ILRU’s Technical Assistance Activities Support a Growing Movement of Peer-based Community Programs
Richard Petty - Program Director at Independent Living Research Utilization (ILRU) at TIRR Memorial Hermann
The Independent Living Research Utilization (ILRU) program at TIRR Memorial Hermann has been the primary provider of technical assistance and training for the independent living field for well over three decades. More recently, over the past 15 years, ILRU has become an important resource to a larger group of organizations and states engaged in self directed, community based services. In all cases, the overarching objective has been to further a growing movement of peer based community programs designed to be highly responsive to the needs of constituents.
Centers for Independent Living (CILs) achieve this constituent responsiveness by ensuring that those who participate in CIL programs are directly engaged in developing the individualized plans that guide their efforts to remain in or transition to the community. Because centers are peer based – meaning their boards, managers and staffs are comprised primarily of individuals with disabilities – they are more naturally in tune with the values and perspectives of those they serve. People with disabilities set the policies, oversee the operations and staff the organizations. These centers are characterized as being “consumer controlled."
The teams and individuals who are involved in providing these services work to be sensitive to the needs and wishes of the individual, although those served do not experience an authentic degree of control.
Other programs operate with lesser degrees of control on the part of the individual receiving services. A growing number of home and community based services are provided through “participant directed” programs where there is an intentional effort to allow participants to guide the services they receive, up to and including budgetary authority – making decisions about how service funds are spent. Few participant directed programs have consumer controlled boards or staffs. Yet another group of programs are described as “person centered.” The teams and individuals who are involved in providing these services work to be sensitive to the needs and wishes of the individual, although those served do not experience an authentic degree of control.
ILRU was founded in 1977 by Lex Frieden and others to foster the highest level of participant involvement and consumer control, with a strong belief in the value of this approach. This emphasis on independence was entirely consistent with the return to community philosophy practiced by the founders of TIRR Memorial Hermann. Over time, research, often conducted or supported by ILRU, has established a strong evidence base demonstrating the efficacy of individuals living in the community – instead of in institutions such as nursing homes – and being in control to maintain or improve the quality of their lives.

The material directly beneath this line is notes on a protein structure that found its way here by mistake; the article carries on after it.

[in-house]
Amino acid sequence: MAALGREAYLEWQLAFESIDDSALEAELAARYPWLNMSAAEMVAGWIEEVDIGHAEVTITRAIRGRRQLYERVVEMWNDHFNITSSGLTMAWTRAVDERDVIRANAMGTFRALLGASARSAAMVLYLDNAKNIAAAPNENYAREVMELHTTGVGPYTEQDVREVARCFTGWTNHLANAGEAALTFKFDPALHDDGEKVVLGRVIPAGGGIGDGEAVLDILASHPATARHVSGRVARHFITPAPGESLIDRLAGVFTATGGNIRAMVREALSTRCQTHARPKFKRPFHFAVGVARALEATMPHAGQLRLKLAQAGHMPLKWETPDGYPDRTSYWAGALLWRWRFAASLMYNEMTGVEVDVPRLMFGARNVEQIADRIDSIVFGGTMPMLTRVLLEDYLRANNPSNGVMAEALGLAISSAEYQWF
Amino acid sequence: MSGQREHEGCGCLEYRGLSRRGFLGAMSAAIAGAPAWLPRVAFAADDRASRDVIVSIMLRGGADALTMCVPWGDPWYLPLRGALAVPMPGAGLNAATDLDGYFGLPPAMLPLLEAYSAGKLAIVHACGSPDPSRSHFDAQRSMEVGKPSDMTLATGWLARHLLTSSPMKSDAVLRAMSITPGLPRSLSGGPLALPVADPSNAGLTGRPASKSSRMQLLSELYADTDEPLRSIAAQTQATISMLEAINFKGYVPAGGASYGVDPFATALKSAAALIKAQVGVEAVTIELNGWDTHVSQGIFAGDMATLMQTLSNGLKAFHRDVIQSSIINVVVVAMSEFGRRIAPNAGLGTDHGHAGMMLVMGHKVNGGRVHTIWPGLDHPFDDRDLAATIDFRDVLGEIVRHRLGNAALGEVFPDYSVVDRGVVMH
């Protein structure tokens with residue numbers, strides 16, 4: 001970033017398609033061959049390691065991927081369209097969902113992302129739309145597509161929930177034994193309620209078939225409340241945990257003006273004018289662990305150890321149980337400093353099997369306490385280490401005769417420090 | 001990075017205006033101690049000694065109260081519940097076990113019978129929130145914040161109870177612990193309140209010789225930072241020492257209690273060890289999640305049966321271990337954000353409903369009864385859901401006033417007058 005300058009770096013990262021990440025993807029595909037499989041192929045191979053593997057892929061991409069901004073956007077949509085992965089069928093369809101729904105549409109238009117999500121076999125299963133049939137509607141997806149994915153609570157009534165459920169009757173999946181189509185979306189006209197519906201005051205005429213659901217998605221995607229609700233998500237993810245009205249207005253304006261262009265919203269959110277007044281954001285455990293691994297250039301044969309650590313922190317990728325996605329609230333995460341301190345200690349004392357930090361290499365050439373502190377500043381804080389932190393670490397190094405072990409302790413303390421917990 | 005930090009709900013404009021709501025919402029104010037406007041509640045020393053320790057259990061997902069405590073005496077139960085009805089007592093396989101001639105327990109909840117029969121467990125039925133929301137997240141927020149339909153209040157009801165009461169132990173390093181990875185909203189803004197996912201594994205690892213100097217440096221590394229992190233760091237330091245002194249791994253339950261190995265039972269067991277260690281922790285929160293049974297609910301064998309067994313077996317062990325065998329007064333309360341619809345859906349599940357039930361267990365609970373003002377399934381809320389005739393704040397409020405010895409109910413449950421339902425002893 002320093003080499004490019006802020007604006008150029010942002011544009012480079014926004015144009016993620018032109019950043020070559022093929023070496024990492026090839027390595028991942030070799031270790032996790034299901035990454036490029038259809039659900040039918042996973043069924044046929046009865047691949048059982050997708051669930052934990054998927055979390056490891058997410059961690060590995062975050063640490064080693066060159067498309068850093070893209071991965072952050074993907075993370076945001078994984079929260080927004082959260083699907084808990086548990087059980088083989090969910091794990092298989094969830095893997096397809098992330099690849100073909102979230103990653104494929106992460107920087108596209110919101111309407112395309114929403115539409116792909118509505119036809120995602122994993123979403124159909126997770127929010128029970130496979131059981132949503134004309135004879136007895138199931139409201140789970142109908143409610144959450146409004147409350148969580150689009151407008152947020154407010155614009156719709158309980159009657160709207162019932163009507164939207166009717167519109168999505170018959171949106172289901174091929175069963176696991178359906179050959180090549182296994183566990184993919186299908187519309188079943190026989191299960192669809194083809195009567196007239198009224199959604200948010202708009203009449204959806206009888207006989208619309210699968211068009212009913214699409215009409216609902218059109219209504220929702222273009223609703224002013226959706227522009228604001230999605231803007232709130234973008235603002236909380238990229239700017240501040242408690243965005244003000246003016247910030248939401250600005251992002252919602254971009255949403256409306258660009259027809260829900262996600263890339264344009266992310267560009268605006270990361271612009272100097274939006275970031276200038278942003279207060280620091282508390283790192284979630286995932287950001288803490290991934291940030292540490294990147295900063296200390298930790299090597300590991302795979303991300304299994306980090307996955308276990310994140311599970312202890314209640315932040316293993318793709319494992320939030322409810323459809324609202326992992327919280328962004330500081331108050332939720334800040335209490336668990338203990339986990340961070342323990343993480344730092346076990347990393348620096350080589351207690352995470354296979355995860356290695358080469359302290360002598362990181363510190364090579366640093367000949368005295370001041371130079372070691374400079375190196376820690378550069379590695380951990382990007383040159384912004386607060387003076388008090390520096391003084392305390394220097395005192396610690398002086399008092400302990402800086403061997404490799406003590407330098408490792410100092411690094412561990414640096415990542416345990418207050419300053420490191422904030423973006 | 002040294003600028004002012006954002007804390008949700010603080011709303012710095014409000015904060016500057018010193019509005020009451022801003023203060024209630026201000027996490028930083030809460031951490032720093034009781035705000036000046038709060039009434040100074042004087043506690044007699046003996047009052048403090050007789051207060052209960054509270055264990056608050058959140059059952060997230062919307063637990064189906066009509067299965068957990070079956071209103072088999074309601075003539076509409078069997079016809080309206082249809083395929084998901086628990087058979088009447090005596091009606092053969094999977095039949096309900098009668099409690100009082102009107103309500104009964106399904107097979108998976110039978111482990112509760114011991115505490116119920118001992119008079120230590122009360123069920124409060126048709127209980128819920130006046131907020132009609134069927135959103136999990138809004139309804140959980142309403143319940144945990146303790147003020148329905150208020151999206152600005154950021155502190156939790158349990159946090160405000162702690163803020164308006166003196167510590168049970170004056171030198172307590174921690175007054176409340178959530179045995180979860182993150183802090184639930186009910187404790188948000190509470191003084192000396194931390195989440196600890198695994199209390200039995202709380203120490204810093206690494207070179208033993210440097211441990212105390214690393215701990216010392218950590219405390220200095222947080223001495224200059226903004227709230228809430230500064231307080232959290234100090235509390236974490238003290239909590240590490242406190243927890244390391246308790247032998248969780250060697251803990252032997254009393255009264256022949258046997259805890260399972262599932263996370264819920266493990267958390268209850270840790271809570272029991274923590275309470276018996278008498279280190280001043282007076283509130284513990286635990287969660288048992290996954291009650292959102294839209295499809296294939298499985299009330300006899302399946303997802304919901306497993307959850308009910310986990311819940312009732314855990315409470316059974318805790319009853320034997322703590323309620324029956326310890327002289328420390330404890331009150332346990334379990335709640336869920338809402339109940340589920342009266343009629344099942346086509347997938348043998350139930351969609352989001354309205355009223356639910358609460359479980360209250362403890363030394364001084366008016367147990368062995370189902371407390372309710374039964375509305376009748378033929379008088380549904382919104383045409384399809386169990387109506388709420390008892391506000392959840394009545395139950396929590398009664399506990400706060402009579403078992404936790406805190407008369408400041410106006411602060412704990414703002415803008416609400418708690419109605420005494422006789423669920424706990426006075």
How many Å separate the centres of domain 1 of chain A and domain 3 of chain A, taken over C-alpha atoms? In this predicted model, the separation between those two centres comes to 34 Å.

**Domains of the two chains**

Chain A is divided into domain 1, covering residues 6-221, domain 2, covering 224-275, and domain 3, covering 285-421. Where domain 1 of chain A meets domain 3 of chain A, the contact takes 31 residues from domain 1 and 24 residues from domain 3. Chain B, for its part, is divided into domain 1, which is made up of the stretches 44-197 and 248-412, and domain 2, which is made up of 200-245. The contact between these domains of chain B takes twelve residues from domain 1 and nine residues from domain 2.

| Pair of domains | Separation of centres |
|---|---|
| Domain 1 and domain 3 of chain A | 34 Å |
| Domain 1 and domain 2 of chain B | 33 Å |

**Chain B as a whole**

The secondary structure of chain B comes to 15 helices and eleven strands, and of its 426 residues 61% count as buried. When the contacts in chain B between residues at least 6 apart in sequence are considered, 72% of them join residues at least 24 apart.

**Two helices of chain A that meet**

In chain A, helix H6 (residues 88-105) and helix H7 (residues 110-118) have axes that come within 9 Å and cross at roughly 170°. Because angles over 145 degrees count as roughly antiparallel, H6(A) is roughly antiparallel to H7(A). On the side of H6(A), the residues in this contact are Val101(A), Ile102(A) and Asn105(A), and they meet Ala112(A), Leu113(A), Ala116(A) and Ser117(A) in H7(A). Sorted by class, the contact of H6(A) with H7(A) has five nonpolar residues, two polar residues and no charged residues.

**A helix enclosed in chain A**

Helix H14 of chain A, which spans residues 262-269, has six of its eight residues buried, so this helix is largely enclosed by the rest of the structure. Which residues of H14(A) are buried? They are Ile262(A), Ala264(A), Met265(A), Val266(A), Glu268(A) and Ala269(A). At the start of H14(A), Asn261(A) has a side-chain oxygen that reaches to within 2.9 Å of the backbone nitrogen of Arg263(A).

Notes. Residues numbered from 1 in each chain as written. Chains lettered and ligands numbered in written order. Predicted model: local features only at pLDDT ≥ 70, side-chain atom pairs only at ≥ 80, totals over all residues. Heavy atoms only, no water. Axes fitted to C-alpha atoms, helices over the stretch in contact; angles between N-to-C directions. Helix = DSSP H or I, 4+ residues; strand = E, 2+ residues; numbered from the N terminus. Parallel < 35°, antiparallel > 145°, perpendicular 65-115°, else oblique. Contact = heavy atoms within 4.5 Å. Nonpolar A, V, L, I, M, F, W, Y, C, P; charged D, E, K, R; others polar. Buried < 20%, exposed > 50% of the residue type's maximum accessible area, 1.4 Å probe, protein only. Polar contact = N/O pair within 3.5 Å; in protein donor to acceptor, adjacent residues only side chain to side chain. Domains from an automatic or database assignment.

The scope and breadth of technical assistance ILRU is called to provide has expanded well beyond service provision into the management, operation and transformation of traditional community programs into organizations that explore and “live out” high degrees of individual control, and that take a peer based, advocacy oriented approach to the work they do. This almost always involves a dramatic change in perceptions and provides new values and insights as organizations take on this new service approach. ILRU often assists organizations as they challenge a dominant culture within the traditional service delivery arena in which they operate. A timely example of this work is the training and consulting work ILRU is now doing with Centers for Independent Living as they begin to partner with Aging and Disability Resource Centers (ADRCs), a program of the Administration on Community Living. As a result of the work of many individual centers and the support ILRU has provided to many of those centers, ADRCs are beginning to explore greater degrees of individual control and to take on systemic change with their stakeholder partners and in broader society.
In the decades to come, the transition to community living and consumer direction will continue. This transition is driven by a variety of forces, including efficacy and cost efficiency. Along with a research role, ILRU will carry on its work cultivating and fostering consumer direction through its wide ranging technical assistance work.
Richard Petty is program director at Independent Living Research Utilization (ILRU) at TIRR Memorial Hermann. Petty directs the ILRU New Community Opportunities Center, a national center that advances community programs for transition from nursing facilities to the community for persons of all ages, and youth transition from school to community. He directs the CIL NET and SILC NET, the two national projects that provide training and technical assistance on programming and management to centers for independent living and statewide independent living councils, organizations which foster community independence for people with disabilities.